Coup leader Amadou Haya Sanogo, who took control of Mali [JURIST news archive] last month, on Friday signed an agreement in which he agreed to return constitutional power to the country. The coup, headed by Sanogo took power over the country on March 21 [JURIST report] when a group of soldiers rushed the presidential palace, overthrowing the democratic rule that has been in place for over twenty years. Sanogo agreed to return constitutional rule [AP report] to Mali after he received heavy pressure from the country's surrounding nations. Sanogo noted in the agreement that Article 36 of Mali's constitution permits the head of parliament, Dioncounda Traore, to serve as interim president and coordinate elections for the new president, but he did not specify when the transfer of power will take place as Traore fled Mali when the coup took power. While Article 36 of Mali's constitution allows for a 40 day interim period for presidential elections to take place, the agreement allows for an extension, citing the countries disrepair and rebellion in the north as a hinderance. Sanogo originally announced earlier this week that he would reinstate the country's 1992 constitution and create a transitional government to hold elections [JURIST report], but his signed agreement did not come until Friday.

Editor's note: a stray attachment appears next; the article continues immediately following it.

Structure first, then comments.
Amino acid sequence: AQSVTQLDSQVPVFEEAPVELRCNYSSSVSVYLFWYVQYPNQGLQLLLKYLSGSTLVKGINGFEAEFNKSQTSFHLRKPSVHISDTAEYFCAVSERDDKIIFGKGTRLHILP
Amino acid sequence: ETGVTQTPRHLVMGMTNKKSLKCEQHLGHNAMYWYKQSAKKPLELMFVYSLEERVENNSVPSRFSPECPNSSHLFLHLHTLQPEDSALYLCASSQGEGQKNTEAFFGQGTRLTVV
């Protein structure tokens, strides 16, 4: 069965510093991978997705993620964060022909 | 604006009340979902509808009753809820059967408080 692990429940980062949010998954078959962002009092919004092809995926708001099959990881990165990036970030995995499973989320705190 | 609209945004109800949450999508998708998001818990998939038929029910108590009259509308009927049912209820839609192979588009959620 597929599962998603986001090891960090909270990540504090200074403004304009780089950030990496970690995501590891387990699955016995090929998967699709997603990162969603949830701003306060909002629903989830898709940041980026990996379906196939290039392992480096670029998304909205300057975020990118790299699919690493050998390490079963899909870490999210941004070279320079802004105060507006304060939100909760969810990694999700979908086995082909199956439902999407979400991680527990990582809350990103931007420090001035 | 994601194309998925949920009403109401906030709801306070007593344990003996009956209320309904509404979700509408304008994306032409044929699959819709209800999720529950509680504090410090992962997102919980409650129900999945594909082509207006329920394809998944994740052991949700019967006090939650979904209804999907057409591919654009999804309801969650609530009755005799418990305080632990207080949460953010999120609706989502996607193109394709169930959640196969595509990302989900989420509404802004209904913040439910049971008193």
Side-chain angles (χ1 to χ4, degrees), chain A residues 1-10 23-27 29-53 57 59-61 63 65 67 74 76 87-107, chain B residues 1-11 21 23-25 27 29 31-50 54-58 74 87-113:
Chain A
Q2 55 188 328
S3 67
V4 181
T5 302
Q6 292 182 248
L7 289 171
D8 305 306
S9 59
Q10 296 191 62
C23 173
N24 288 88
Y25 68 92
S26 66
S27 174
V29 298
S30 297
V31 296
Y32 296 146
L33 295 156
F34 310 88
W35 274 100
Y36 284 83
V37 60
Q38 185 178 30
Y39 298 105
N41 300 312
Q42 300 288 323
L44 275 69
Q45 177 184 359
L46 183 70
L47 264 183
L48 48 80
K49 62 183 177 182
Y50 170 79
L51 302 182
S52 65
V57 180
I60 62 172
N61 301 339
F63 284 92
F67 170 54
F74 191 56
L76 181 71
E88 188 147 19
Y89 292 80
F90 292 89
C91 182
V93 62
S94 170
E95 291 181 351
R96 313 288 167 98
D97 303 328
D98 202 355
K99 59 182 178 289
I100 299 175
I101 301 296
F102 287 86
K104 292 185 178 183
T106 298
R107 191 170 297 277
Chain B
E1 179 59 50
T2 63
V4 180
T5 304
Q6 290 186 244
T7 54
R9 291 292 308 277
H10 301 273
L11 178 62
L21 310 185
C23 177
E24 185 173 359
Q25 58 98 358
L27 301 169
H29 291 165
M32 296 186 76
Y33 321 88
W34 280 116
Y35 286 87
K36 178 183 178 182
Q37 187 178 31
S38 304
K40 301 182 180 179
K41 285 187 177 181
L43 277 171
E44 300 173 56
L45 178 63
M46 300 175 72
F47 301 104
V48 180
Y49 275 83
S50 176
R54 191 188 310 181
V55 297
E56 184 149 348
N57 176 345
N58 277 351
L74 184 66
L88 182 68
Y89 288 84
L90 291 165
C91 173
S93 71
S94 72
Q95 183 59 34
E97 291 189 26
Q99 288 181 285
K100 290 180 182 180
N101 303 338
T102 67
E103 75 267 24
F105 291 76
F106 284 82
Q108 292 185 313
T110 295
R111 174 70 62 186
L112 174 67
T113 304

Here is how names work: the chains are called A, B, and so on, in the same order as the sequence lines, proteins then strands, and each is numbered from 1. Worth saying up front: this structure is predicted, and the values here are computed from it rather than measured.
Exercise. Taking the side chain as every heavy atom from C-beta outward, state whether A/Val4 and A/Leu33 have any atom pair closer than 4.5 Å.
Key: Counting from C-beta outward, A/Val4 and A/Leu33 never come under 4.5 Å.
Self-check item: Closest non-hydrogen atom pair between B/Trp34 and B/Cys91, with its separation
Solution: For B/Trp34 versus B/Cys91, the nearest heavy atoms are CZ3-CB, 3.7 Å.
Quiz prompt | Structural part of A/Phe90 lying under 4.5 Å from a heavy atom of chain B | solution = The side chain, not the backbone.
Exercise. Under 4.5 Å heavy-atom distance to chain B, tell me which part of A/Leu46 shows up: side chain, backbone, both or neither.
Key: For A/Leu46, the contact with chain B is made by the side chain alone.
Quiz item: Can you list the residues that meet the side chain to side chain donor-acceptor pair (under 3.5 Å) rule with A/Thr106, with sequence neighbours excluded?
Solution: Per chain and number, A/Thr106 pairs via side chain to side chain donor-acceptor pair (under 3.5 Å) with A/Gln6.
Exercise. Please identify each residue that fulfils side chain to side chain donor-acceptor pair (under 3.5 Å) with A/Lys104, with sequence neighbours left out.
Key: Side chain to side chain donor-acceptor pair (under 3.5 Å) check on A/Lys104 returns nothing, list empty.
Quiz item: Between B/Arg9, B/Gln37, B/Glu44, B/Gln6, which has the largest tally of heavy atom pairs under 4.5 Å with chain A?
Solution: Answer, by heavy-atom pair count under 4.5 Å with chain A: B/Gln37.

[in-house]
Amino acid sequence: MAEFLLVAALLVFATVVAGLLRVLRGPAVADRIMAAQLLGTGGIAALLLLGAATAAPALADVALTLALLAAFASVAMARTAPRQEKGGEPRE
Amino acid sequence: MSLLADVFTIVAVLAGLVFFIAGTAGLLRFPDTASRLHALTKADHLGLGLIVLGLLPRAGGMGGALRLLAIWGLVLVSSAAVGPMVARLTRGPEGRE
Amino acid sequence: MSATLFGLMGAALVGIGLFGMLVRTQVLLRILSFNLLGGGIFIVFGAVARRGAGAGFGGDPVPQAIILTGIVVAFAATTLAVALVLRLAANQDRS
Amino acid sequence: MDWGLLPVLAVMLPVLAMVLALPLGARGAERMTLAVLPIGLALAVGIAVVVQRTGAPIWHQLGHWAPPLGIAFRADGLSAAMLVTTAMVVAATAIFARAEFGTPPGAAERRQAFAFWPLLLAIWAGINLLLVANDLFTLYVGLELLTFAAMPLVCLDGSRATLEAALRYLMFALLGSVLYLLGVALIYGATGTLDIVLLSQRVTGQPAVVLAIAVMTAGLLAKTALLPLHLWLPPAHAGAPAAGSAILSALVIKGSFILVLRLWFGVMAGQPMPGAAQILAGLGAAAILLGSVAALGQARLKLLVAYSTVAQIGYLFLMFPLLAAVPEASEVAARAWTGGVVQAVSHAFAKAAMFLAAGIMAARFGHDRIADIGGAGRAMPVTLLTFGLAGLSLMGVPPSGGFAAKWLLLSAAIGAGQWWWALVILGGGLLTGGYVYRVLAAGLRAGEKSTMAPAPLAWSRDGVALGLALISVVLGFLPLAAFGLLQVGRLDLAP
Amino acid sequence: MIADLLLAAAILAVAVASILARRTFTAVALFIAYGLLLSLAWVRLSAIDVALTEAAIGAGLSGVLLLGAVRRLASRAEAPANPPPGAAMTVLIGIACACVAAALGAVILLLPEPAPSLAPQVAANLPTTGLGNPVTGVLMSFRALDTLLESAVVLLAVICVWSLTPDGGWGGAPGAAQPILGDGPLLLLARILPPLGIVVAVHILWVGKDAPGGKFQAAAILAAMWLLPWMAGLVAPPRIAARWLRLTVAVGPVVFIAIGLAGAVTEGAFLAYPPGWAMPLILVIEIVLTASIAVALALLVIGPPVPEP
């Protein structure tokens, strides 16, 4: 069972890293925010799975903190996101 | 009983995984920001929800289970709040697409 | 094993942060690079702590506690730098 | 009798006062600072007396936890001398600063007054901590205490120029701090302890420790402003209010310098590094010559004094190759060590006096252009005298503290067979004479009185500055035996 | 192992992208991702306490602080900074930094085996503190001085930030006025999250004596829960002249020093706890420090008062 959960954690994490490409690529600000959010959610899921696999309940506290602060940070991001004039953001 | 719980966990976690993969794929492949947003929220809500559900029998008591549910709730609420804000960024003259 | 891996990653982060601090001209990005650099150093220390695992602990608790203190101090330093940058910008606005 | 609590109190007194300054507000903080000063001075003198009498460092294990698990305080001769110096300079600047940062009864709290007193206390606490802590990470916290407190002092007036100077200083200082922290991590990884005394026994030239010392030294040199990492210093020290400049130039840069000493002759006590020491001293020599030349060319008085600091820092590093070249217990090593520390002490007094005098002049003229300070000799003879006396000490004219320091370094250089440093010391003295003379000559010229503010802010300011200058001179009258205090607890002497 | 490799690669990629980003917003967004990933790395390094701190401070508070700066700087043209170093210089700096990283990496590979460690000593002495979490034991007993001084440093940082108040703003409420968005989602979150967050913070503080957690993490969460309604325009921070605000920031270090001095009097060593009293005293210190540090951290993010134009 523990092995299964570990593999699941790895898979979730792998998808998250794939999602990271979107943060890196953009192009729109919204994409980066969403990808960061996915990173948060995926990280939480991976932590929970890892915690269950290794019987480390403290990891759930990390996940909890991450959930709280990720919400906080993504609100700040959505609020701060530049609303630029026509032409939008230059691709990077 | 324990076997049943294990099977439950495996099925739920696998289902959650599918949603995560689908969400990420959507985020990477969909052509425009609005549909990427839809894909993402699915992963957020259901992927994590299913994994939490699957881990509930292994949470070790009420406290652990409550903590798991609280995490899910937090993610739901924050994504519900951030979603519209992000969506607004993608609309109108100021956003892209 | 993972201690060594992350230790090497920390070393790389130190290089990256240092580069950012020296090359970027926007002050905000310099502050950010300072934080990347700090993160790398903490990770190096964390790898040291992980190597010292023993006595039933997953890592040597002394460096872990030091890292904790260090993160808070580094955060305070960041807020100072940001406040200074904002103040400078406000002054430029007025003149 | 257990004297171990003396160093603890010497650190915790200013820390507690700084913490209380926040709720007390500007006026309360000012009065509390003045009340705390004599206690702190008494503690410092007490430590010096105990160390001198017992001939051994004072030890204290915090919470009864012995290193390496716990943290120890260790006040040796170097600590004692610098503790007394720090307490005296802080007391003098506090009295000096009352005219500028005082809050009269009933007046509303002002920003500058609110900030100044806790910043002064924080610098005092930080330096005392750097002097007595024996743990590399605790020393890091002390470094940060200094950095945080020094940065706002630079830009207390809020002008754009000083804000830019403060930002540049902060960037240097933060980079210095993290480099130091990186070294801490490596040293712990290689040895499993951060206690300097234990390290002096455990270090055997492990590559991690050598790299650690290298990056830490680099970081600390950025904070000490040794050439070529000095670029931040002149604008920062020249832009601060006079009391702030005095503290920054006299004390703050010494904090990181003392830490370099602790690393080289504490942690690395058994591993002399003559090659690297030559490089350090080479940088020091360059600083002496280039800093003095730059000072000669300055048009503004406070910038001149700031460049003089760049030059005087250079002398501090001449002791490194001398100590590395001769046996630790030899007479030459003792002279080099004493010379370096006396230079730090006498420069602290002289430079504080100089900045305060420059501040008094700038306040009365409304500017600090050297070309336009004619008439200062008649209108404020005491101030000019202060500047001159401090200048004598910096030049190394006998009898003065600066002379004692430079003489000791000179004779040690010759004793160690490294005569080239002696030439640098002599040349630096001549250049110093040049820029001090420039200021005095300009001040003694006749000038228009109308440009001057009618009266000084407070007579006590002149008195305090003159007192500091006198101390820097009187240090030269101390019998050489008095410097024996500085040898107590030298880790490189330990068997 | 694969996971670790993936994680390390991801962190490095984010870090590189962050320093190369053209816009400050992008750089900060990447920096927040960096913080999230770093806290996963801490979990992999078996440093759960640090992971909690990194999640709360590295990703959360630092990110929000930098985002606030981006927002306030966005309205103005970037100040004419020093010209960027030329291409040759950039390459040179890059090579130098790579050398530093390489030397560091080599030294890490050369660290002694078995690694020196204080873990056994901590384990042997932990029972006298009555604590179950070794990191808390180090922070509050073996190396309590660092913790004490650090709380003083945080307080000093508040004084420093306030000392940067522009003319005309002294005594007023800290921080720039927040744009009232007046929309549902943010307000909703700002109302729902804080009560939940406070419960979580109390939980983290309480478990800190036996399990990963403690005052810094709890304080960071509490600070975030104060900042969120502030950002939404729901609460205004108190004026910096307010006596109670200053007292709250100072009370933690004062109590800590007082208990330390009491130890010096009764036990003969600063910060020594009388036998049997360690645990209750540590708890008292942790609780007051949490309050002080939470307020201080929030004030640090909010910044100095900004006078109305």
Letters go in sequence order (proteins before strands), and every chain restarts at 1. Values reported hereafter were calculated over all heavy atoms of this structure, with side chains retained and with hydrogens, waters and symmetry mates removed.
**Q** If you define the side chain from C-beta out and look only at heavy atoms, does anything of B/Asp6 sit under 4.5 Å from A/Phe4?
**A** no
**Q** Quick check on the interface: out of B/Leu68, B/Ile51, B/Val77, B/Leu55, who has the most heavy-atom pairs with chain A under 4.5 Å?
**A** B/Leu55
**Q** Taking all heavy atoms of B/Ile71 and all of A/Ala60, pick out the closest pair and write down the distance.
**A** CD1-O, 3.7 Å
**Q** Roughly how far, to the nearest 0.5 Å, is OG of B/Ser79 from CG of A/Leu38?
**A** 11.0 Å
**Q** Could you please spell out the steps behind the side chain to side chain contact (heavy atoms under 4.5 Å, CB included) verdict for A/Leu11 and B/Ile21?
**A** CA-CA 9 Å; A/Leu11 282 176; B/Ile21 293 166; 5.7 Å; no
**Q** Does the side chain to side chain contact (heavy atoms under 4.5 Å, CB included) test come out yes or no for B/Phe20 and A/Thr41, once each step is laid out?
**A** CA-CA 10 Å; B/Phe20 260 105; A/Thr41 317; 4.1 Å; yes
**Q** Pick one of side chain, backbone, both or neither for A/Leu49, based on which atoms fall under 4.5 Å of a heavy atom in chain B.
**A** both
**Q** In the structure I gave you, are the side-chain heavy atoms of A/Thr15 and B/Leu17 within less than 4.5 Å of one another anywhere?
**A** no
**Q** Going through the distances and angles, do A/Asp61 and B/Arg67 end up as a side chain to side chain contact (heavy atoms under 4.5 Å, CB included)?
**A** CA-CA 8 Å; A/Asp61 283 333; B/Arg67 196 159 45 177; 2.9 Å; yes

Mali has experienced military turmoil since Taureg rebels began attacking Malian soldiers [Al Jazeera report] in January. Last week the acting head of the EU delegation in Mali, Bertrand Soret, met with Sanogo and urged a quick return to constitutional order [JURIST report]. Also last week, the UN High Commissioner for Refugees (UNHCR) expressed concern over political and social instability [JURIST report] in Mali, and how ongoing fighting between government forces and Tuareg rebels will affect Malians forced to flee their homes in search of safety. Last month the UNHCR reported that more than 80,000 people had fled Mali to escape the fighting.